Forbes Magazine estimates Gretzky's hockey and endorsements income from 1990-98 alone from was in the $93.8 million range. Given his hefty net worth, Janet can continue to bet on football, go nuts at the mall, redecorate the house, even shoot craps with Celine Dion's husband, and still not put much of a dent into Wayne's bank account. (Did you know that in poker a pair of nines is called "A Gretzky?").

The only real "gamble" the former B-movie actress has taken is the decision to live squeezed inside the celebrity gold fish bowl alongside The Great One. When they met in 1984, Jones was a dancer on "Dance Fever" and Wayne was a celebrity judge. Did she know that she was also auditioning for the part of wife? As hockey wives go, Janet Gretzky is The Queen. Married to the best player in the history of hockey, Janet's biggest challenge is not to tarnish the squeeky clean Gretzky brand. As news broke of her betting habit, I'm sure she took some consolation in the fact that it could have been worse. She could have chosen Todd Bertuzzi as her husband.

Congenial shame

If Janet Gretzky is The Queen of the grass widows, Vancouver hockey wife Julie Bertuzzi is Miss Congeniality. When she married the Vancouver Canuck's enforcer, the loyal Julie signed on for more than a lifestyle. The Sudbury native had all of the markings of a great hockey hubbie: first round draft pick, a decent scoring record and a good bank balance. But his brutal assault on Steve Moore, his lengthy suspension and the civil suit he's currently embattled in make marriage to Bertuzzi akin to the connubial bliss of Mrs. Conrad Black.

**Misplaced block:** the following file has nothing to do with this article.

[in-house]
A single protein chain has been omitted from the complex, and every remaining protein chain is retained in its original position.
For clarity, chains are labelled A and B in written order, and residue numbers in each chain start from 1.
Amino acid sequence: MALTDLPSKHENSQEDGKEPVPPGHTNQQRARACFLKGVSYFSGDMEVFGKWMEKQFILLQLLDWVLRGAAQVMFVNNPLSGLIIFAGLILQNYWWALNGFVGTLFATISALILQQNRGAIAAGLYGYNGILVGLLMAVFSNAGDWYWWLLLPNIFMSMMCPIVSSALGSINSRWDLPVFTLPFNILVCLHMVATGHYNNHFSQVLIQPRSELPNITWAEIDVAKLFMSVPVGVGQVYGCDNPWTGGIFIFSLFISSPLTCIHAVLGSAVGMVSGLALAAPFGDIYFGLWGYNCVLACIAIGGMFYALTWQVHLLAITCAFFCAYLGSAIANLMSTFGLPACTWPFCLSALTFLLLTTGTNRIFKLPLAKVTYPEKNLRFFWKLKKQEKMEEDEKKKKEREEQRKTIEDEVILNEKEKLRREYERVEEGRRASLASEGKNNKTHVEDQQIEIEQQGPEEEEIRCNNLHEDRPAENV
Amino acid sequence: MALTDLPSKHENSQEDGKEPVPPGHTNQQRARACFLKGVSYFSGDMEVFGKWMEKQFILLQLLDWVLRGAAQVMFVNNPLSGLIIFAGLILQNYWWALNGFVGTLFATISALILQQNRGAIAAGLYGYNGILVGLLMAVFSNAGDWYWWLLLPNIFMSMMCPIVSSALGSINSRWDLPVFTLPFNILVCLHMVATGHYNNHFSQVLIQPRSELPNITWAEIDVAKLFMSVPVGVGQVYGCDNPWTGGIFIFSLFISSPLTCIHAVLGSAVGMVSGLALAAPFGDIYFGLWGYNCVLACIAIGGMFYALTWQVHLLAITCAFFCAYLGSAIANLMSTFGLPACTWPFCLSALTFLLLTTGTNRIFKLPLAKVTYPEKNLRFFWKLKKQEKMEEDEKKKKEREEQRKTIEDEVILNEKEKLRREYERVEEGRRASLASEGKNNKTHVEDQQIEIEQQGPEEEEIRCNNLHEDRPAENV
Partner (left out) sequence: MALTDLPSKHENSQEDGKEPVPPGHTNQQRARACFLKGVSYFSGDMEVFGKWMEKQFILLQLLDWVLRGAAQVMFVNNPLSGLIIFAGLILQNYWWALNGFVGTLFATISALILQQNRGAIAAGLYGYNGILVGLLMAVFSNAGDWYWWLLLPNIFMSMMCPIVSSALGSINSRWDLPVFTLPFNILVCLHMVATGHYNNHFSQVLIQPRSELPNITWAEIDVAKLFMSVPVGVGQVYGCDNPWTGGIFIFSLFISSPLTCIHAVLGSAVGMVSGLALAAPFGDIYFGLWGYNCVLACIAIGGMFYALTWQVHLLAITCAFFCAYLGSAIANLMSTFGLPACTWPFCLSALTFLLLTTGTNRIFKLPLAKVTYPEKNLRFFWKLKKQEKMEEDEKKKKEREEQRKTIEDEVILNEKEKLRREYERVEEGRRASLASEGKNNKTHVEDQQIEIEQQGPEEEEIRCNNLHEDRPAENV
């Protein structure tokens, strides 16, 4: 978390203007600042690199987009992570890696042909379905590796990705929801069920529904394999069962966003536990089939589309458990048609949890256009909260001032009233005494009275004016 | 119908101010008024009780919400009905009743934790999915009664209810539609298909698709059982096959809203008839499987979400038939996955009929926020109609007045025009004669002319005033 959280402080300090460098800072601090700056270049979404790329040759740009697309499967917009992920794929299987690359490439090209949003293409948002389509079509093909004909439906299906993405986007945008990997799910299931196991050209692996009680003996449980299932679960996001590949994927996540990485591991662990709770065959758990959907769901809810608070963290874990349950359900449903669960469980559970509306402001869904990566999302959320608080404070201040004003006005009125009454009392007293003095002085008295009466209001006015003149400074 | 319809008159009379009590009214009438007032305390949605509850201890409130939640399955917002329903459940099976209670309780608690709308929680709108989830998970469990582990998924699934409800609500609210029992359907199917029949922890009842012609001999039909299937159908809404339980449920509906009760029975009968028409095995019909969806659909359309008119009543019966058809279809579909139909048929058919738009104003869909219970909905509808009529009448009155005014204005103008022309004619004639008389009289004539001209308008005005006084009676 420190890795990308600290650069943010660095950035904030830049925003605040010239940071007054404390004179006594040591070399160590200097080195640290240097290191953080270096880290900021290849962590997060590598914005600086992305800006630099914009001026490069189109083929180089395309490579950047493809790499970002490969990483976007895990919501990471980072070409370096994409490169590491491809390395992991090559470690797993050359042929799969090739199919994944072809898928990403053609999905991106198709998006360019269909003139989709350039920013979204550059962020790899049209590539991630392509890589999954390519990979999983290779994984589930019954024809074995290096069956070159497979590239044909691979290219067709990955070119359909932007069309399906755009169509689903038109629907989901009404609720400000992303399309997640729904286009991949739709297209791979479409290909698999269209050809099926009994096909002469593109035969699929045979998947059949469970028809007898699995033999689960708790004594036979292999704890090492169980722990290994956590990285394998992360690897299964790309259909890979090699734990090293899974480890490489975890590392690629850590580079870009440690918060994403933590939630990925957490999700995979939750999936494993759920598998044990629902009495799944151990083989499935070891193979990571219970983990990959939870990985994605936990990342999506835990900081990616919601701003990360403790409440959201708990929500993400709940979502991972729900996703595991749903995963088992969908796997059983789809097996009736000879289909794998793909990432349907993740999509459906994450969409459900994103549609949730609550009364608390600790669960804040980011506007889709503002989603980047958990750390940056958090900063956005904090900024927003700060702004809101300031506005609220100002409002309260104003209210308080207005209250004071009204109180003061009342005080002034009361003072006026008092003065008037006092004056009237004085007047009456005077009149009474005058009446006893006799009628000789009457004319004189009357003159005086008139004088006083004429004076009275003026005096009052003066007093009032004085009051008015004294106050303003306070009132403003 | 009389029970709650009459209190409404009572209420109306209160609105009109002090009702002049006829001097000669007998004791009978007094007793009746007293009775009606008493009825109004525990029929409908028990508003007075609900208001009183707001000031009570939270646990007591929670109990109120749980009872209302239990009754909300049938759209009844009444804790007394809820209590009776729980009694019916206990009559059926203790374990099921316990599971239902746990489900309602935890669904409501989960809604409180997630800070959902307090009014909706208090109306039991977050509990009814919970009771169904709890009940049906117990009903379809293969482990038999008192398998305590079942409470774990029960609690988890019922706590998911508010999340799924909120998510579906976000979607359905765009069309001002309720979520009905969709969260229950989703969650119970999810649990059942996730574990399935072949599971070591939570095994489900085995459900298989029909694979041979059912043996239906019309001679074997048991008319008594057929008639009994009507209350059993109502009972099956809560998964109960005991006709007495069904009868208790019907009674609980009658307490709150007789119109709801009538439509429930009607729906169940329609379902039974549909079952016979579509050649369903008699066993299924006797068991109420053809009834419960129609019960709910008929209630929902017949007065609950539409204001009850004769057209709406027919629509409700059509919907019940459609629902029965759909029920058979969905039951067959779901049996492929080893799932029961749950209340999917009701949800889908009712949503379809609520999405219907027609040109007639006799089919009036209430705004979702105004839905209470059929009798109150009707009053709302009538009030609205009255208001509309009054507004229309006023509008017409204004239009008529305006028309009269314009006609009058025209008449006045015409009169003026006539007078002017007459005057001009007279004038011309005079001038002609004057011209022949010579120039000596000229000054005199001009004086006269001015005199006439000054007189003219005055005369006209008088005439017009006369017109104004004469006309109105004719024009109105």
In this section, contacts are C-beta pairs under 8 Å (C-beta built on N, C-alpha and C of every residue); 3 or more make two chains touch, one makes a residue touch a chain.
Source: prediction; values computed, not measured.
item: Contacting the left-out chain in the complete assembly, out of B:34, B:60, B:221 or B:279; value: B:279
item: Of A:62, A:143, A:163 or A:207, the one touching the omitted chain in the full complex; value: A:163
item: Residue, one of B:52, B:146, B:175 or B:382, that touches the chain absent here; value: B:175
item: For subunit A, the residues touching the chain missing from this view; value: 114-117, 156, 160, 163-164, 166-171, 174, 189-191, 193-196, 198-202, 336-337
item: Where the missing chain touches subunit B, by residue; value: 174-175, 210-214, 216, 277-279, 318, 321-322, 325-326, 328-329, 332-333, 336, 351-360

To add insult to injury, Mrs. Bertuzzi also had to endure the jeers of obnoxious Vancouver radio DJs. In 2003, The Team 1040's DJ John Connors was fired for saying to his on-air partner, "Hey, you said you'd like to blank, blank, blank, Todd Bertuzzi's wife." I'm certain that Julie still feels the sting of that public humiliation.

As Team Canada battles its way through eager challengers in Turin this week, take a minute to consider the hockey wives. Julie Bertuzzi and Janet Gretzky have no control over whether or not their husbands come home with gold. If they don't win big, it will be the grass widows who are picking up the pieces, sending out the laundry and pacifying their broken husbands. So, young ladies, think twice before you start trolling around the hockey hallways of your local arena for a future husband. Be forewarned: it's not all it's cracked up to be. The next time you gaze with envy at the embattled women sitting in the exclusive wives' section of your local sports franchise, take a closer look. Three sections over, you'll also find the groupies huddled together, plotting their demise.

Journalist Patricia Robertson is currently working on a book of essays about life on the sidelines. You can read more of her work at Laptop Farmers.  [Tyee]